Greek Extra Virgin olive Oil

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The key role that?olive oil?plays in a healthy body has been known since ancient times. Hippocrates, the father of Medicine, as well as the great physicians of those times, namely Galen, Dioskourides and Diocles believed unassailably in its beneficial effect on health and in many cases recommended that it be taken daily as a treatment. Today, 3.000 years later, modern Medicine continues to widely recommend olive oil for the diet of adults and children, whether sound of health or sick, thanks to its valuable ingredients that promote health, wellbeing and longevity. Many scientific studies have shown that olive oil is a valuable nutrient and a very strong weapon against chronic diseases and contributes.

The olive and olive oil have been consistently present throughout the years, a part of Greek private and collective life: religion, art, social and political events, sports, physics and gastronomy. The exuberant presence of olive oil trees and their fruits are encountered in all aspects of everyday life in Greece.

Thus, from the golden leaves in the shape of an olive branch that were found buried in a Minoan tomb, and the aromatic olive oil production workshops found in the wider region around the palaces of King Nestor of Pylos, to the orthodox vigil candle that burns olive oil in Greek households today, the olive tree and its oil are everpresent. Christ prays on the Mount of Olives, and the Orthodox religion closely connects two of its seven mysteries (sacraments) to oil, the Baptism and the Extreme unction, whilst Anointing Oil is made with olive oil.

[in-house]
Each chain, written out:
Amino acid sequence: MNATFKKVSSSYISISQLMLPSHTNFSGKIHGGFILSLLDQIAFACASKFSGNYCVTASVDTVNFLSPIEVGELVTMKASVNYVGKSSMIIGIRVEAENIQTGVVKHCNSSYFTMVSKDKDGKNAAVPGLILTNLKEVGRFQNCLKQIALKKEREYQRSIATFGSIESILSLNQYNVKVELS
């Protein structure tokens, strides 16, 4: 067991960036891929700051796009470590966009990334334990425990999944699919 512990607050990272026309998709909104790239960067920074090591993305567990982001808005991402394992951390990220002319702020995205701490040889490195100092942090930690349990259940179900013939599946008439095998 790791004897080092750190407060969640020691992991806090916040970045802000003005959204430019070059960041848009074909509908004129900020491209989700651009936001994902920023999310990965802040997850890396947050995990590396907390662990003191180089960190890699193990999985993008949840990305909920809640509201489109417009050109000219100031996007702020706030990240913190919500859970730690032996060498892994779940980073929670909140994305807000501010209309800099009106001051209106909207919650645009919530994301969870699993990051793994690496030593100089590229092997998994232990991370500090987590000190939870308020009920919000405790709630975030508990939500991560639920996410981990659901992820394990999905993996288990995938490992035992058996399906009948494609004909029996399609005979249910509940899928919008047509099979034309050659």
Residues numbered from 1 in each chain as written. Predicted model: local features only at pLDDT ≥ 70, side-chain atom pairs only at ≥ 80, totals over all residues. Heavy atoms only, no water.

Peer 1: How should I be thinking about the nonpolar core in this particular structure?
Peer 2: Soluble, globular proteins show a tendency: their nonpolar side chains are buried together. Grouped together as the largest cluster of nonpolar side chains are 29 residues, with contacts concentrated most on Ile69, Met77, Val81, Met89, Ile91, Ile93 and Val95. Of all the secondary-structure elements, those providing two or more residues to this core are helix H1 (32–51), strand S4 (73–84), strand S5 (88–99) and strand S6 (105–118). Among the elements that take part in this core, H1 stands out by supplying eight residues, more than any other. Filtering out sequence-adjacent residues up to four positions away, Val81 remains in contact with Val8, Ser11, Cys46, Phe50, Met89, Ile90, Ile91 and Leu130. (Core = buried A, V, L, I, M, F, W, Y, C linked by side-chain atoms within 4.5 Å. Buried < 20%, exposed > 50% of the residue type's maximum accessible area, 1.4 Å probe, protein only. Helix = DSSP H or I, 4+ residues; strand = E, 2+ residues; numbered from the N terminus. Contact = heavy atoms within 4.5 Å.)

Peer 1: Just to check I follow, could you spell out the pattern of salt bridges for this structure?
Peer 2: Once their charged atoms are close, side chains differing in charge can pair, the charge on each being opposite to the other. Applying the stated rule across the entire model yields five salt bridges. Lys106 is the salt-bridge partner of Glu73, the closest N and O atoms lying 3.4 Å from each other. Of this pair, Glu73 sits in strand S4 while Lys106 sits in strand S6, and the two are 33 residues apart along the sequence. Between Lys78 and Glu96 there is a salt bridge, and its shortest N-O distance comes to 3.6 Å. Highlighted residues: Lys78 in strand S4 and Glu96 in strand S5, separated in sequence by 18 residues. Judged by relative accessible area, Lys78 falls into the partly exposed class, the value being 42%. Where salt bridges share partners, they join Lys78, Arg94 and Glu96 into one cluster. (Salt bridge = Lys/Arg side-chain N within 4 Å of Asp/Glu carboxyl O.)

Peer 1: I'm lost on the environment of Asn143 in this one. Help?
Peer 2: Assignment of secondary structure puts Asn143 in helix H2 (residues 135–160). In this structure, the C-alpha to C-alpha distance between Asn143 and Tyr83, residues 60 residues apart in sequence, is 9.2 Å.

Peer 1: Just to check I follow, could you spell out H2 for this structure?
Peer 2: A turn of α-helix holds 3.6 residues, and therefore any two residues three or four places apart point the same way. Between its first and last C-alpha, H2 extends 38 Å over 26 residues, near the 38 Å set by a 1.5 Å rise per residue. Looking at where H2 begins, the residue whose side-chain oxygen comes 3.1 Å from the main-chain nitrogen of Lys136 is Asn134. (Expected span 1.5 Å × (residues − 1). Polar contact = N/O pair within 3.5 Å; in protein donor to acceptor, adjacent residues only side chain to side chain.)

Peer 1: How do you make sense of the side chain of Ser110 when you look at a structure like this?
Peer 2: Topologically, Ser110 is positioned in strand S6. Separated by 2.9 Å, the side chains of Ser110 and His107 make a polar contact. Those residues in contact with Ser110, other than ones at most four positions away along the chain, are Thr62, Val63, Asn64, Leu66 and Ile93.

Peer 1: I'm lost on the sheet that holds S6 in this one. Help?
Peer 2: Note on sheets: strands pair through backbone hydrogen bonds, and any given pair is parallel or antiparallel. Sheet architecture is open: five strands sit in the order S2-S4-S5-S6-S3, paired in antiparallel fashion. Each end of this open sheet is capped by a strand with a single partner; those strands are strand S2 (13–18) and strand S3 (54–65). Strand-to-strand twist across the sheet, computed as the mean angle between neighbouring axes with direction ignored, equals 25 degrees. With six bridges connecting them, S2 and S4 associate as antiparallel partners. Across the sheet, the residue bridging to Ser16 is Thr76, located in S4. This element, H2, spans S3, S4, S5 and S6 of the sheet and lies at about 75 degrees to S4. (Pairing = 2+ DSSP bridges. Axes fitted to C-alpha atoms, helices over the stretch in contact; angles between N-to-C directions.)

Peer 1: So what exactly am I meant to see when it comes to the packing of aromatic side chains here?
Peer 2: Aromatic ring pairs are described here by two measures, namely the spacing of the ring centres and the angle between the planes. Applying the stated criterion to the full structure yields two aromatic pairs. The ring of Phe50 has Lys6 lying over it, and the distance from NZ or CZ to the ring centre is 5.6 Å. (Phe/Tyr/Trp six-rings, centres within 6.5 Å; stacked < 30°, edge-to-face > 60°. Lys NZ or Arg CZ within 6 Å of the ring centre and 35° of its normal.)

Kostis Palamas, the poet, characteristically wrote: ”I am the honored olive”. Greek literature from Homer to Elytis and Ritsos has been constantly inspired by the olive, while the graphic arts depicted the tree, its fruit and its cultivation in various ways, from ancient murals to modern paintings. But the olive is also present in sports activities: the naked bodies of ancient athletes were anointed with oil, the winners of Olympic games were crowned with the famous wreath of wild olive leaves, the champions of the Panathenaic Games were awarded with amphorae containing something… more than just olive oil produced during the year, while the 2004 Olympic Games were symbolized by a wreath of olive leaves. Lastly, Greeks used olive oil in their everyday lives as a means of therapy, personal decoration, lighting – let us not forget that the oil lamp is the ancestor of the electrical lamp of today – and, naturally, as the nutritional product that prevailed on their dinner tables.


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